Businesswoman in Menopause fanning herself, HRT, hormone replacement therapy

Every year, about two million women enter menopause. While some women sail through with minimal trouble, many if not most suffer with hot flashes, night sweats and other symptoms. Doctors may offer them hormone replacement therapy, but this treatment is still extremely controversial.

Hormone Replacement Therapy for Menopause:

Q. I have been on Premarin for 26 years with no problems whatsoever. Without it, I prayed to die because of the horrendous effects of menopause.

I am also on two compounded products, testosterone/DHEA cream and progesterone cream. Based on my own experience, I believe all women should take advantage of hormone replacement for longevity and a good healthy life after menopause. I look and feel great at my age of 69 years.

History of the Controversy:

A. Until 2002, many doctors thought that most postmenopausal women should be taking estrogen. (Women who still had a uterus were also supposed to take progesterone to prevent endometrial cancer.) They believed that hormone replacement therapy (HRT) would prevent chronic diseases, especially heart attacks, strokes, osteoporosis and even Alzheimer’s disease.

Then, fifteen years ago, the results of the Women’s Health Initiative were published (Rossouw et al, JAMA, July 17, 2002).  This randomized controlled trial showed that “Overall health risks exceeded benefits” when estrogen and progesterone (Prempro) for five years was compared to placebo. Another group of women took Premarin alone or placebo for seven years.

What the WHI Showed:

Women on HRT had a higher risk of strokes and breast cancer (Manson et al, JAMA, Oct.2, 2013). During the five-year duration of the study, however, there was no difference in mortality between women taking HRT and those taking placebo. A recent report shows that after 18 years the participants still have no significant differences in mortality (Manson et al, JAMA, Sep. 12, 2017).

Women like you who suffer during menopause often feel more comfortable taking estrogen (and progesterone, if indicated) during the time they need to suppress hot flashes. Experts usually recommend the lowest effective dose for the shortest possible time. In most cases, that would be considerably less than 26 years.

Other Objections to Premarin:

Some women object to Premarin and Prempro on ethical grounds. Premarin is made from pregnant mares’ urine. Many people worry that keeping the horses pregnant and confined constitutes inhumane treatment. Doctors can prescribe other forms of HRT such as estradiol. Consequently, women who object to Premarin should request an alternative.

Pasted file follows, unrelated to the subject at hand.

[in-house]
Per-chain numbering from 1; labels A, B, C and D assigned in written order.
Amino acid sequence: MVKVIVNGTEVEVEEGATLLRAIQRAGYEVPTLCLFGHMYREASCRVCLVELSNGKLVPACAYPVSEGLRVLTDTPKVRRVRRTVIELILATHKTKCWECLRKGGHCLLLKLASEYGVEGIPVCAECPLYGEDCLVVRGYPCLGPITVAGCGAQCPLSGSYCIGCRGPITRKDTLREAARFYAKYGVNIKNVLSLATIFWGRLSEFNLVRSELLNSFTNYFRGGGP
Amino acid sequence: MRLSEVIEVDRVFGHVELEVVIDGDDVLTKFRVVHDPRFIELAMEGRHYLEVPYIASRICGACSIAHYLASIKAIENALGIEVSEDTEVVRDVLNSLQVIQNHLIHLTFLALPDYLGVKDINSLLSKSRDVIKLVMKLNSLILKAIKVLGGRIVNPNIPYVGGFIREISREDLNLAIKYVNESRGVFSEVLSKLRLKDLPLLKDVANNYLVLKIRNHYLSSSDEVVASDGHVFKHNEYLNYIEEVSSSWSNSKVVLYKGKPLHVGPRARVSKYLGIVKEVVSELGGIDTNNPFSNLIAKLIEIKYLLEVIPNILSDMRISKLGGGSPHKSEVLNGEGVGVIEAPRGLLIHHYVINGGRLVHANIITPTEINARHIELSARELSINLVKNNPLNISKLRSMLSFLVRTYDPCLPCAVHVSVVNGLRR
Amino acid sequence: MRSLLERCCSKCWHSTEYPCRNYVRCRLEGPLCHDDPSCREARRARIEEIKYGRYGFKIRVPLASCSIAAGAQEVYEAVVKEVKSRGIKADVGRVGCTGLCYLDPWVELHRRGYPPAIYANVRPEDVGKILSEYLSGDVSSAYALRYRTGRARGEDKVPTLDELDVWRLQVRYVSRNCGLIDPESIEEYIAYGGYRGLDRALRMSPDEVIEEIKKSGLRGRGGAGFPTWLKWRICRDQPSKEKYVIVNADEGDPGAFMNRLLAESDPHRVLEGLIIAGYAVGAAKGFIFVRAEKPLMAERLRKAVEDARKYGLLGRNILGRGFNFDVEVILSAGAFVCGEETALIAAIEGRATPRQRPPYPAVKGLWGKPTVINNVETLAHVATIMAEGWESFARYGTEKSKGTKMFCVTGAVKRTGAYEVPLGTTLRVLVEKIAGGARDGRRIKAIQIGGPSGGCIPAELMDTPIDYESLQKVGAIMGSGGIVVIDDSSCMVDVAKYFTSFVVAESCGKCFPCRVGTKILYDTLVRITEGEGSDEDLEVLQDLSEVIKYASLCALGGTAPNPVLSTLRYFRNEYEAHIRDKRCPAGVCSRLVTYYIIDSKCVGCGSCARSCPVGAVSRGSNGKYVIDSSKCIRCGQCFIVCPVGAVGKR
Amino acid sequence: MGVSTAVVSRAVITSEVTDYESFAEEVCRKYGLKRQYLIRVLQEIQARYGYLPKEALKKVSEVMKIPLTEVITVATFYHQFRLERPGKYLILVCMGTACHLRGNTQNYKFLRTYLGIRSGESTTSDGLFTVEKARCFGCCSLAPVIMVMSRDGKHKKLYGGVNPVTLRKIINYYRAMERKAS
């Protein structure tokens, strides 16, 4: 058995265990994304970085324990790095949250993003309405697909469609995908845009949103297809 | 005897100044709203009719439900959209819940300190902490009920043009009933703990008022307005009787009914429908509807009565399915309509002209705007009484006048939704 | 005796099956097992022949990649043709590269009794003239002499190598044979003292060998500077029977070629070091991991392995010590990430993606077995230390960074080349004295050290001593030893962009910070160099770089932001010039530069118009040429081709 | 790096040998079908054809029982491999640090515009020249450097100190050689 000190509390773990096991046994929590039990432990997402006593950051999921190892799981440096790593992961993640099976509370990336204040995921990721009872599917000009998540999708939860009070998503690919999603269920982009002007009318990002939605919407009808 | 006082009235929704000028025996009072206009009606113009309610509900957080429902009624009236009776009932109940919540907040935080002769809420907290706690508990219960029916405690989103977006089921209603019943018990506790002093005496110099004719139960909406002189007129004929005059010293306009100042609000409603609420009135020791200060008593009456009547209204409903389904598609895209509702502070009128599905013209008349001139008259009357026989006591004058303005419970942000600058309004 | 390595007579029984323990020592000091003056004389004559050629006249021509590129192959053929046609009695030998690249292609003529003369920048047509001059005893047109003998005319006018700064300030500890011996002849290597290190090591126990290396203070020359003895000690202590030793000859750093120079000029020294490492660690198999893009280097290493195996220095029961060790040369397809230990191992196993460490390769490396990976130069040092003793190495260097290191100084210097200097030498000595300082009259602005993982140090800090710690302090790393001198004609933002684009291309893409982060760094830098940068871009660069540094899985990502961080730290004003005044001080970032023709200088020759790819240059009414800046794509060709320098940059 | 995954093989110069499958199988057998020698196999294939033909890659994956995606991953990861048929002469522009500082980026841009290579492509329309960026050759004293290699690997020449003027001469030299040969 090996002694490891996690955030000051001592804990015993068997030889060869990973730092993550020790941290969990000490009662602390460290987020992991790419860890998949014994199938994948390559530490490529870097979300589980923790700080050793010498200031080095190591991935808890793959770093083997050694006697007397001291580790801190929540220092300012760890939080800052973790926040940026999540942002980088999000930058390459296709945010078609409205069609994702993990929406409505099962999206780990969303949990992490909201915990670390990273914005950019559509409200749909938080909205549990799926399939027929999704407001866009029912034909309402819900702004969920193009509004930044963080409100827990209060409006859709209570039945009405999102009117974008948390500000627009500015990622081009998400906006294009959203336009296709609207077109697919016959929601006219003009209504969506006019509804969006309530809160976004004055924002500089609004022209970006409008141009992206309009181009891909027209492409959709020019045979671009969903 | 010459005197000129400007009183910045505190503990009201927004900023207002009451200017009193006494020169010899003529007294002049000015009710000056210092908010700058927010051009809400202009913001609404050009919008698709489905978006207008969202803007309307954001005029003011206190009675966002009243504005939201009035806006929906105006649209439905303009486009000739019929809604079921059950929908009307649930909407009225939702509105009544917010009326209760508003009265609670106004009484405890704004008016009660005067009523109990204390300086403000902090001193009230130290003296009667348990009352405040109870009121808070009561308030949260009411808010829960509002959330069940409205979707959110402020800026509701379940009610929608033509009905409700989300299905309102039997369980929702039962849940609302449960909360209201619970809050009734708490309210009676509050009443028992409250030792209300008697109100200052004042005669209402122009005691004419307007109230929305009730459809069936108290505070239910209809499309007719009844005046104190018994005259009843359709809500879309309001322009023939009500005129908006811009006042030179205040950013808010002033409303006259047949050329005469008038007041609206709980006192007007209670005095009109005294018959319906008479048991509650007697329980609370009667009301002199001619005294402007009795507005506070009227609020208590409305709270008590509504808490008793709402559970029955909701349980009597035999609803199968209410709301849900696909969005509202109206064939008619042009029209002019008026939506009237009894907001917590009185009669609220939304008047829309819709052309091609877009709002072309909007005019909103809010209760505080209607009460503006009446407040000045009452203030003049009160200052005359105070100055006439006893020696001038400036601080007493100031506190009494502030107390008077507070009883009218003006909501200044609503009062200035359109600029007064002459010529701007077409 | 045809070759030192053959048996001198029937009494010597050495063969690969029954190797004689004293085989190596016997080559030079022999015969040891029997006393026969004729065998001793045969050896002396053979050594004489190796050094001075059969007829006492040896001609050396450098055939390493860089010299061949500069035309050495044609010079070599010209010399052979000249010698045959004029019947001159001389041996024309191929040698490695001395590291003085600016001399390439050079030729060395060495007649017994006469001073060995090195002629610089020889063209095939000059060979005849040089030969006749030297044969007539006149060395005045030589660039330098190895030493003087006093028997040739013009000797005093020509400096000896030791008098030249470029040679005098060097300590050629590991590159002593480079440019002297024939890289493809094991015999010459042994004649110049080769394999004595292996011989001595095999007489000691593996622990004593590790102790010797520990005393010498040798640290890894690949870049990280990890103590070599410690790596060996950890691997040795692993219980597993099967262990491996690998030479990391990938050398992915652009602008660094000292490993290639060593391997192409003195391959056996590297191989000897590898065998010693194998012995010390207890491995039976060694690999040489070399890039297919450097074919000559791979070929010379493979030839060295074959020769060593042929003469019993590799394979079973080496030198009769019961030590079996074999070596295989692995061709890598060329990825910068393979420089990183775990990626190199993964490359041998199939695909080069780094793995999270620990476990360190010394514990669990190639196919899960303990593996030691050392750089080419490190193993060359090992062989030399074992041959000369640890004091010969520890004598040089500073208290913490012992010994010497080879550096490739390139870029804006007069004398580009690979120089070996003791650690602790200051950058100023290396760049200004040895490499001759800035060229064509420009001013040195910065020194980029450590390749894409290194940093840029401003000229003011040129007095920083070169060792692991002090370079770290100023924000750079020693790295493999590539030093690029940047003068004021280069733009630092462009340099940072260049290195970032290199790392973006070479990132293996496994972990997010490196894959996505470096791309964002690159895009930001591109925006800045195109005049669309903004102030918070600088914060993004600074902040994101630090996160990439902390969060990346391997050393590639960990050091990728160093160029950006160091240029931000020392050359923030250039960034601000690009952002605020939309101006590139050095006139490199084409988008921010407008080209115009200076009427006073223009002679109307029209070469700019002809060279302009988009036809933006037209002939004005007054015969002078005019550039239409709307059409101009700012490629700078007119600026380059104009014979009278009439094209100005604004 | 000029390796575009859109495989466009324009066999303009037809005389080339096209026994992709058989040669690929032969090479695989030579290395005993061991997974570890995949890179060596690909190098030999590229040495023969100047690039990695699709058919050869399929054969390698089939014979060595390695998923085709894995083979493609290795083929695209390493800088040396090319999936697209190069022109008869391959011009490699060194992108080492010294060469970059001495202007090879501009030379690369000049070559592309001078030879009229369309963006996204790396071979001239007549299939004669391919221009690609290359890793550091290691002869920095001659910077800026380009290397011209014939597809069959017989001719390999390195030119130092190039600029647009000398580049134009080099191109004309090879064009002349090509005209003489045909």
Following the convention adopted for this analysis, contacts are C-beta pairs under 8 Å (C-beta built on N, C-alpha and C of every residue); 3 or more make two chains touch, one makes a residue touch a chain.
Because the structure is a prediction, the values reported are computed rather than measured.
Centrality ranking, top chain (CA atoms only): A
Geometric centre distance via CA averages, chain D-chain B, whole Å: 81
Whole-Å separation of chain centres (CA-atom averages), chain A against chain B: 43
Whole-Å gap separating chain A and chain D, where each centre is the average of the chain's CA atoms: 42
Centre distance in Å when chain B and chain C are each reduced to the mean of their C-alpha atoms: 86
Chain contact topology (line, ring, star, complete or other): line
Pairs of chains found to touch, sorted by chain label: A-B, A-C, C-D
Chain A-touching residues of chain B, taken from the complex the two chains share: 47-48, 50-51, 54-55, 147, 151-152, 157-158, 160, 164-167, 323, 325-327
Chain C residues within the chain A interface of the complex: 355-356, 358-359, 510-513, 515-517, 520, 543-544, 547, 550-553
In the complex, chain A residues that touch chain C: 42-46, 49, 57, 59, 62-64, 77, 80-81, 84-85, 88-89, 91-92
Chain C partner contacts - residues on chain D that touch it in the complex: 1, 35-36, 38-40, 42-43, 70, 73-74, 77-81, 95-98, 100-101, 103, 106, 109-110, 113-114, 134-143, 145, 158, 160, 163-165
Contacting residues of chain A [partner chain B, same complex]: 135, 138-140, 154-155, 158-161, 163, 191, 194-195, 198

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  1. April

    Think this sight is excellent at providing practical self care information, that does no harm.

    Think you are way out of your league and not current on the emerging/new knowledge of human female, at mid-life, physiology. An encyclopedic command of the research and the abysmal history of estrogen hormone replacement is paramount to give women correct & safe advice. My two posts of Oct 3 and 7 where I cite the science are “awaiting moderation”. This is sad as women might want to know what kind of suffering, misery and harm can be involved with HRT.

  2. Incredibly frustrated

    I have over 16 years, possibly more till I can retire. I need to be able to continue working. I really wish that holding a cold washcloth to my head would be enough. I have severe hot flashes, I have a job where I’m extremely physically active in the heat, and the hot flashes make me feel like vomiting, and blacking out. If I do black out and hit my head, I risk a permanant traumatic brain Injury. I’ve already fell and suffered post concussive syndrome for over a year. My menopause symptoms are not annoying, they’re potentially life threatening. Memory issues, UTI’s, problems with urgency, bladder issues, vaginal atrophy. I have a list as long as my arm and can only get the Dr to perscribe an estradiol vaginal ring with a 200$ copay every 3 months. I’m ready to try anything but Premarin. For some women this it’s not a lifestyle drug.

  3. Terri

    I am interested in learning more about the cognitive benefits, if any, of using HRT post-menopause. If there are demonstrated benefits, is there a window when HRT must be started in order to be effective and is there a specific length of time that it should be continued?

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